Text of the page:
“Having him as our COO is extremely beneficial for us and powerful moving forward as we look to scale and grow our company,” says Stephen. “He understands how big financial institutions work with other fintech firms or vendors, how to scale those businesses appropriately, and he's able to predict some of those things. He hit the ground running and was definitely a great key hire, and not the only one. There will be other key hires coming out shortly as well.”
Going back to that snowball effect, the likes of Shivers joining Saphyre has caught the eye of other senior executives within the financial industry, and there will certainly be more heavyweights added to the team. As Saphyre’s metaphorical stock rises, is it fair to call them the hottest property in fintech right now? Gabino and Stephen prefer to talk about what they consider to be Saphyre’s special sauce.
“Well, we started off by talking about how we're bringing Silicon Valley tech to finance. With all these manual processes, people have not appreciated everything outside of trading, and when they did try to address things around trading and operational support, it has been on the post trade side and that's what's making things all work backwards,” says Gabino.
“To be honest, they're basically trying to piece together a crashed plane. You cannot fix your failed trades in the post trade as well as if you just prevent the issues from occurring in the first place, in the pre trade. The pre trade has not been appreciated but it's just like having a good batting swing – if you have the right fundamentals, you're going to be able to hit that ball more consistently, more accurately.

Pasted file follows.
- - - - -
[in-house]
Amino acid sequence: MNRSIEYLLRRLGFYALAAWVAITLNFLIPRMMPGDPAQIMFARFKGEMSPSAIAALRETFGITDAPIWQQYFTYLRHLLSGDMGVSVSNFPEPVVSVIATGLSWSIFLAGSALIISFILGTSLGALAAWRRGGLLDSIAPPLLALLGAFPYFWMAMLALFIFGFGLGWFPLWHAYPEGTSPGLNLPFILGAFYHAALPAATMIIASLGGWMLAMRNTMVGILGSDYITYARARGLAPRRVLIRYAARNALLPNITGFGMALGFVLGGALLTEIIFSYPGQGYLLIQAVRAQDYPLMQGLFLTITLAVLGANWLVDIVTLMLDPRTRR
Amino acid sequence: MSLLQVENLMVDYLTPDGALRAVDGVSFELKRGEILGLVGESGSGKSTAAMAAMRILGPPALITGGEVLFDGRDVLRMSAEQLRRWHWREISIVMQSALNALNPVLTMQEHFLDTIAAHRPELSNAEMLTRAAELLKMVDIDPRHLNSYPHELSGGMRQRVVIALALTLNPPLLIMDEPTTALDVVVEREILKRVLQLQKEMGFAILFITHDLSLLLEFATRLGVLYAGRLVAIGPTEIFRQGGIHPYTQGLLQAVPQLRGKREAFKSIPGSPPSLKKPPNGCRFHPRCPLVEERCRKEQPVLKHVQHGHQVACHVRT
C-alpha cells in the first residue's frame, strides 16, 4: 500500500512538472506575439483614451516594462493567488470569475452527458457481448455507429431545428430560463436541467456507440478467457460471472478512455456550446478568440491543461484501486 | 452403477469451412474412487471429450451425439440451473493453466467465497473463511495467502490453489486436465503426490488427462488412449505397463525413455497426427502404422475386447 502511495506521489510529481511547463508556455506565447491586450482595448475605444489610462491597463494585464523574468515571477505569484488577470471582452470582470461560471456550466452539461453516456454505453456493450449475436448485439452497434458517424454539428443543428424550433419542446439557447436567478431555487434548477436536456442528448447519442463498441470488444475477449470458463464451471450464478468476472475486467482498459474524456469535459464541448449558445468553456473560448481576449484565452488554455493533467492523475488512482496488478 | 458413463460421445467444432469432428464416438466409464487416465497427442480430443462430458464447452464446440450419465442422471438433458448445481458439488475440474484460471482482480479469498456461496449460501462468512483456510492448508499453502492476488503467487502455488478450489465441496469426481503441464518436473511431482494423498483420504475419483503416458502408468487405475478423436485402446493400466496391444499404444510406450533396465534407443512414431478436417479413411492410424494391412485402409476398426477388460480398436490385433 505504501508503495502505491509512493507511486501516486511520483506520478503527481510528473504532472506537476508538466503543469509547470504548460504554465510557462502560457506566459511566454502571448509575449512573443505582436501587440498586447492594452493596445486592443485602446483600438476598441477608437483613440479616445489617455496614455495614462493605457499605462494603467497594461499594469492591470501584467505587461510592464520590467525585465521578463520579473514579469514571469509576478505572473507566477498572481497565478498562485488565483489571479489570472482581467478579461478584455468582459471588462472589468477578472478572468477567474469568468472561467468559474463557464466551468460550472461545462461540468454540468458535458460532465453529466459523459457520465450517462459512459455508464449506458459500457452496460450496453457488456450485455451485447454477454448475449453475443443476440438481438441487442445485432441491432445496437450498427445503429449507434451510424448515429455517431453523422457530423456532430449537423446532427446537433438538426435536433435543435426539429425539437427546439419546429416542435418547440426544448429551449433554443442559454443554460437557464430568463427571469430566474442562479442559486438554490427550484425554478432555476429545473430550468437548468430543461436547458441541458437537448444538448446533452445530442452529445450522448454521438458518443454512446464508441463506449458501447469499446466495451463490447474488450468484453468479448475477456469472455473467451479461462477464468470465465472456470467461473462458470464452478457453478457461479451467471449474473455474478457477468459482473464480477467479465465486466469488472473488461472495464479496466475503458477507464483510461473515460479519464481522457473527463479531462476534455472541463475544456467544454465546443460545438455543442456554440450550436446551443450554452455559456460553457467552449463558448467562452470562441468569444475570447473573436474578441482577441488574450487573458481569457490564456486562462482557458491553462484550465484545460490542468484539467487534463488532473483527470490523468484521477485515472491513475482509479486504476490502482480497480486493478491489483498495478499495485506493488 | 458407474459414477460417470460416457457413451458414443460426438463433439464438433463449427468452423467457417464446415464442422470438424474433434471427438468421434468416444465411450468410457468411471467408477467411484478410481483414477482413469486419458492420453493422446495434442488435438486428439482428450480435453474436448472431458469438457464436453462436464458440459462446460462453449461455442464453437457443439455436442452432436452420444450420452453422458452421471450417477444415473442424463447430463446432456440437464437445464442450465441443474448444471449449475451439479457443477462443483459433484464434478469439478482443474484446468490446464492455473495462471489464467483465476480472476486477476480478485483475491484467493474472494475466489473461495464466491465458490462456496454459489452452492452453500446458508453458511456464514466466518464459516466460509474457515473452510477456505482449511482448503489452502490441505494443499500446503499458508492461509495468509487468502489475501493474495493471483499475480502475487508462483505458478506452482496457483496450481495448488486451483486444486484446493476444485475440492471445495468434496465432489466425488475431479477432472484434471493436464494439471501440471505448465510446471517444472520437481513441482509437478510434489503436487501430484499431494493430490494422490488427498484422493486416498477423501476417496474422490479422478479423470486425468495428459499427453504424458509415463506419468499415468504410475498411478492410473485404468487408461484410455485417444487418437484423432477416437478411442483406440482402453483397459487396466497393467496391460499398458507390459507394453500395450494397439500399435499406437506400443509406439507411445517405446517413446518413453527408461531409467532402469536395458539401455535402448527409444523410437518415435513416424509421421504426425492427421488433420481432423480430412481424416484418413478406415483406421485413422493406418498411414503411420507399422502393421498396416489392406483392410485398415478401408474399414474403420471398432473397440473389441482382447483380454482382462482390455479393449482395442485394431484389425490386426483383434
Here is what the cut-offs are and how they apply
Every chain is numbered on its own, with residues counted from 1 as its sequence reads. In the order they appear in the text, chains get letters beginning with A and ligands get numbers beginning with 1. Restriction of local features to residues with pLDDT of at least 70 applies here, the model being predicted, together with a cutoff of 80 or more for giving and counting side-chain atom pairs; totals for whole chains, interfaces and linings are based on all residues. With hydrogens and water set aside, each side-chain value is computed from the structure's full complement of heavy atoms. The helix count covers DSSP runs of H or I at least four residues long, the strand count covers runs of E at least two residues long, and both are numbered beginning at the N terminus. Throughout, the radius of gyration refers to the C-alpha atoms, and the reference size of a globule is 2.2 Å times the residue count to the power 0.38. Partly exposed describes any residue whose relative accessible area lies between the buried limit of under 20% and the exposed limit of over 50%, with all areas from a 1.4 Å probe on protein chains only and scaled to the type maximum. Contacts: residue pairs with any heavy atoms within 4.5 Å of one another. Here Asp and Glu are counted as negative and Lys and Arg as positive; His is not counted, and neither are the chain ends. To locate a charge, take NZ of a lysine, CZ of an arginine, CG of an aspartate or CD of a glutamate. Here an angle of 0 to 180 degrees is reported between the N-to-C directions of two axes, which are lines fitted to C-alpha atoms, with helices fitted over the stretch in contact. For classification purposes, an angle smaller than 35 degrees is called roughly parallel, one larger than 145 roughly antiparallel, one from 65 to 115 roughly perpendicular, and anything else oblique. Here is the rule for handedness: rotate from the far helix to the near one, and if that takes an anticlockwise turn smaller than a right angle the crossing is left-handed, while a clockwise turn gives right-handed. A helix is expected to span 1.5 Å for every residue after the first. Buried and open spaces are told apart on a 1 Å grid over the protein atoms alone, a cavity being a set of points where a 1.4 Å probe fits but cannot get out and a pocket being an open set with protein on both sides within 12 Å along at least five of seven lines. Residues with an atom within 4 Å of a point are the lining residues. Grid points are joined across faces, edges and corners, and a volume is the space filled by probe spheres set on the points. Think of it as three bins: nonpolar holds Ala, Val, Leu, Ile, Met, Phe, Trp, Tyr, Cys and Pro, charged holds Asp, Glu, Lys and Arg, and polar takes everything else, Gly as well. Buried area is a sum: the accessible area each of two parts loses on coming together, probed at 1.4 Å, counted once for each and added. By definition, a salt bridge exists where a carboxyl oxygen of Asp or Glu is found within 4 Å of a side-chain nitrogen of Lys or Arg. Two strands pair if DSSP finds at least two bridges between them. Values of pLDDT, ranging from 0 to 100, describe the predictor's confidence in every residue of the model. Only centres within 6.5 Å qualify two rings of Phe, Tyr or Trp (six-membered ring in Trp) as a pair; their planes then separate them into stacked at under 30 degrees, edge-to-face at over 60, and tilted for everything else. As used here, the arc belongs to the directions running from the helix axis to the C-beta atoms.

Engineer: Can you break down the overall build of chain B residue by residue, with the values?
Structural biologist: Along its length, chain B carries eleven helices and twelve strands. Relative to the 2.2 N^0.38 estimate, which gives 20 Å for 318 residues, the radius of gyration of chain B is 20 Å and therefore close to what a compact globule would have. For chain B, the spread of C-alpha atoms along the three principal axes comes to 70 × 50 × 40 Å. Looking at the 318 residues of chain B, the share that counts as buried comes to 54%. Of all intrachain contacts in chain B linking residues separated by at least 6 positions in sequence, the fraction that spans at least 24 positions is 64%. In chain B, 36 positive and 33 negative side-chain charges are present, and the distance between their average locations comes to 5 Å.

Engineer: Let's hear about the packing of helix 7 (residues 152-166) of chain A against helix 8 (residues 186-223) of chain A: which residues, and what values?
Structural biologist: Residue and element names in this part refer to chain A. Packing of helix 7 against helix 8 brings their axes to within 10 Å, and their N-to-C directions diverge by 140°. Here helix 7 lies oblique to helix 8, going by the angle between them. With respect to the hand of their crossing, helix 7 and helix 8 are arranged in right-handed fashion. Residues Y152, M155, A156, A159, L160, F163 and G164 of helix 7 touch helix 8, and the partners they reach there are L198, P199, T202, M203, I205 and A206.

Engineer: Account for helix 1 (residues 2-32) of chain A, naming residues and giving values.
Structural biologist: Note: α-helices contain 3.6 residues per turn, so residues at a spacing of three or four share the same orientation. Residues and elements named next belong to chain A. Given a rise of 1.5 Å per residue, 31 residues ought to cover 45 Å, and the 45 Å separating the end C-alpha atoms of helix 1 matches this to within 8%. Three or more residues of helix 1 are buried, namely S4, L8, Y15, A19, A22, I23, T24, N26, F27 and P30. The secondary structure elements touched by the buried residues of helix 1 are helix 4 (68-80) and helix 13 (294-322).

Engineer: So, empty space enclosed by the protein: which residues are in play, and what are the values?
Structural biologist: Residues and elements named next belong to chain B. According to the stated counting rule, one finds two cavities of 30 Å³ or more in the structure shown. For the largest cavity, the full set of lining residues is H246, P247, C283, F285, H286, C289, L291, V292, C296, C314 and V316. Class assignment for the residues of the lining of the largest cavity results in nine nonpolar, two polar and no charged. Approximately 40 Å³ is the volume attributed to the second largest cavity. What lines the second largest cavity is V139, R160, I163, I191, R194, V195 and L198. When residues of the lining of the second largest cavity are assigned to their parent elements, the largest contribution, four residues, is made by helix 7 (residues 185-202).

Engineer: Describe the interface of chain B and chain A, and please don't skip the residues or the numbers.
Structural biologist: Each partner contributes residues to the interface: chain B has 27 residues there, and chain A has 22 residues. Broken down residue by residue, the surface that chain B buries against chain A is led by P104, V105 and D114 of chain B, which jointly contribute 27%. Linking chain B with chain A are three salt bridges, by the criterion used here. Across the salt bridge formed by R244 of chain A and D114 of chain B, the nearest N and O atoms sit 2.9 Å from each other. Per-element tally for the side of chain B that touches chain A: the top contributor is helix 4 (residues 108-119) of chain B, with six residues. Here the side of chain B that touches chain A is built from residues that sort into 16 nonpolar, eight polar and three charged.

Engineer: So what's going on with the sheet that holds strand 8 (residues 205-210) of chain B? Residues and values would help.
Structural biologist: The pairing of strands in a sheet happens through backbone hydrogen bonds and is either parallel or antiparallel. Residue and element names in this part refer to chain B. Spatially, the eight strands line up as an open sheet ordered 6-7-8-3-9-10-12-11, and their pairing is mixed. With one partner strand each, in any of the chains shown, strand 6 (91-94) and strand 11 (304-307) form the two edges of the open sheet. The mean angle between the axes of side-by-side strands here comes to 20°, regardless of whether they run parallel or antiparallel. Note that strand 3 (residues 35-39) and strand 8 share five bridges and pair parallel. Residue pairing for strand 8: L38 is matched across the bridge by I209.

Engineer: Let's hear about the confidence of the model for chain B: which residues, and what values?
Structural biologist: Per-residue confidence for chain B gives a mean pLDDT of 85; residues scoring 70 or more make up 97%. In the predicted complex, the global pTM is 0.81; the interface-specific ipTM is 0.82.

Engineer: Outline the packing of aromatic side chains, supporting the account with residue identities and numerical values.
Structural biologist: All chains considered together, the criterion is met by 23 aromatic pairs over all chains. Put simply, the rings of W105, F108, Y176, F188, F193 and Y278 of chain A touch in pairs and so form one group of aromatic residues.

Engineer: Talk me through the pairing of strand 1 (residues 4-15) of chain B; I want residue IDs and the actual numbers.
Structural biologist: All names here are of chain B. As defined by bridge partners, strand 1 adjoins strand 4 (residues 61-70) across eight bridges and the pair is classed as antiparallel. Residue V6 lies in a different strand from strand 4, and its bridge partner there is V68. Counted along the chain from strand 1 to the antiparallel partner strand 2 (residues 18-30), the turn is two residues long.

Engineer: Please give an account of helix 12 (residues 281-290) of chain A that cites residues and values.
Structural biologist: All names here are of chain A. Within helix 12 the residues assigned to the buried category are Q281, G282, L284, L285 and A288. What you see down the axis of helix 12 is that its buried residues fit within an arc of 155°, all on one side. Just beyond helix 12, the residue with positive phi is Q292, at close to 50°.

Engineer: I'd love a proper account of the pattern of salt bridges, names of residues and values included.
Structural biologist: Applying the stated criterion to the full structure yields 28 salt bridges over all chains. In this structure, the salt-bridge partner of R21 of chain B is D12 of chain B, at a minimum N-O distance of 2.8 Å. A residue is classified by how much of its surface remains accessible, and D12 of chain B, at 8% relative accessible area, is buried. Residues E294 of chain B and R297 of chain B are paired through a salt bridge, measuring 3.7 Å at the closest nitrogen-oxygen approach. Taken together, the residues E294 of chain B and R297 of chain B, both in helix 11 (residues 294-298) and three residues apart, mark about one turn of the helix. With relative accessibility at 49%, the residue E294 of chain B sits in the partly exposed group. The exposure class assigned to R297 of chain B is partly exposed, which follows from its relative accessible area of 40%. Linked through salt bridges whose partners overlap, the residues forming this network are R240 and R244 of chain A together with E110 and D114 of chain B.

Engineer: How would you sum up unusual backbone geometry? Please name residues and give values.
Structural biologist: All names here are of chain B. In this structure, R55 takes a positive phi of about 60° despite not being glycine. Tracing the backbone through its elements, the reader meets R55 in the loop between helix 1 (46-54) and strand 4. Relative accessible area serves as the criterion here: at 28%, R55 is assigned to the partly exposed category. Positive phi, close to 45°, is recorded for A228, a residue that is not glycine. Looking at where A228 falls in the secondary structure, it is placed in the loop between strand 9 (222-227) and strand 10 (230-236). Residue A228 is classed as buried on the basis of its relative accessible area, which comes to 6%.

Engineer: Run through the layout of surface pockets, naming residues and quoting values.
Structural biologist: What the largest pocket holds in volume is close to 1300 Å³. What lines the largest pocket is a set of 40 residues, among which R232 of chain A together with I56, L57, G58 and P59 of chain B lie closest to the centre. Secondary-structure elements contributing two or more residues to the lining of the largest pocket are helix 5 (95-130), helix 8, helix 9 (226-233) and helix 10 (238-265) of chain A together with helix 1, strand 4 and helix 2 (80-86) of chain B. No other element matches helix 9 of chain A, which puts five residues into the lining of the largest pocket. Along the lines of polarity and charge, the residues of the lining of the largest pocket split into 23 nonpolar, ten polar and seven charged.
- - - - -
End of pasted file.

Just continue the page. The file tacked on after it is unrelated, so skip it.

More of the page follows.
“And that's what we're doing here. We try to explain this and some think we're trying to boil the ocean. But if you just set things up properly in the pre trade space, we’ll realise benefits during trading and post trade. That evangelisation that's been occurring over the last five years is being realised over the last 12 months.”
Saphyre is now able to show people the specific benefits in the post trade. While others are struggling to get into T+1 from T+2, Saphyre is, in some cases, already achieving T zero. T+2 means trade plus two days, and has been an accepted standard for decades, for those not familiar with the term.
What that effectively means is that manually putting percentages of a block deal into different pots takes time – so you sit around for two days with nothing to show for your investment.
“A number of the big institutions that work with us are seeing a potential 70% operational efficiency, not really changing what they offer their clients, just seeing that operational efficiency gives them a huge gross profit margin and creates a competitive advantage.
“They can even lower their fees, drive more volume to themselves. That's what makes this the hottest fintech product out there.”
It sounds like a classic no-brainer. Partnering with Saphyre can significantly improve efficiency and deliver a competitive advantage. So what would stop someone from joining this endeavour?
”Politics,” says Gabino. “Some people may not understand the vision yet. And trust me, once the other big players announce that they're doing it, then the others won't want to be left out, to be at a competitive disavantage.
“It's highly regulated, so people are afraid to question these concepts that are out there. But once bigger leaders start adopting the solution and they don't want to be left out, they're going to be quick to run and catch up with those leaders, so they're not left out.”
It’s time to form an orderly queue. It’s time for Saphyre to shine.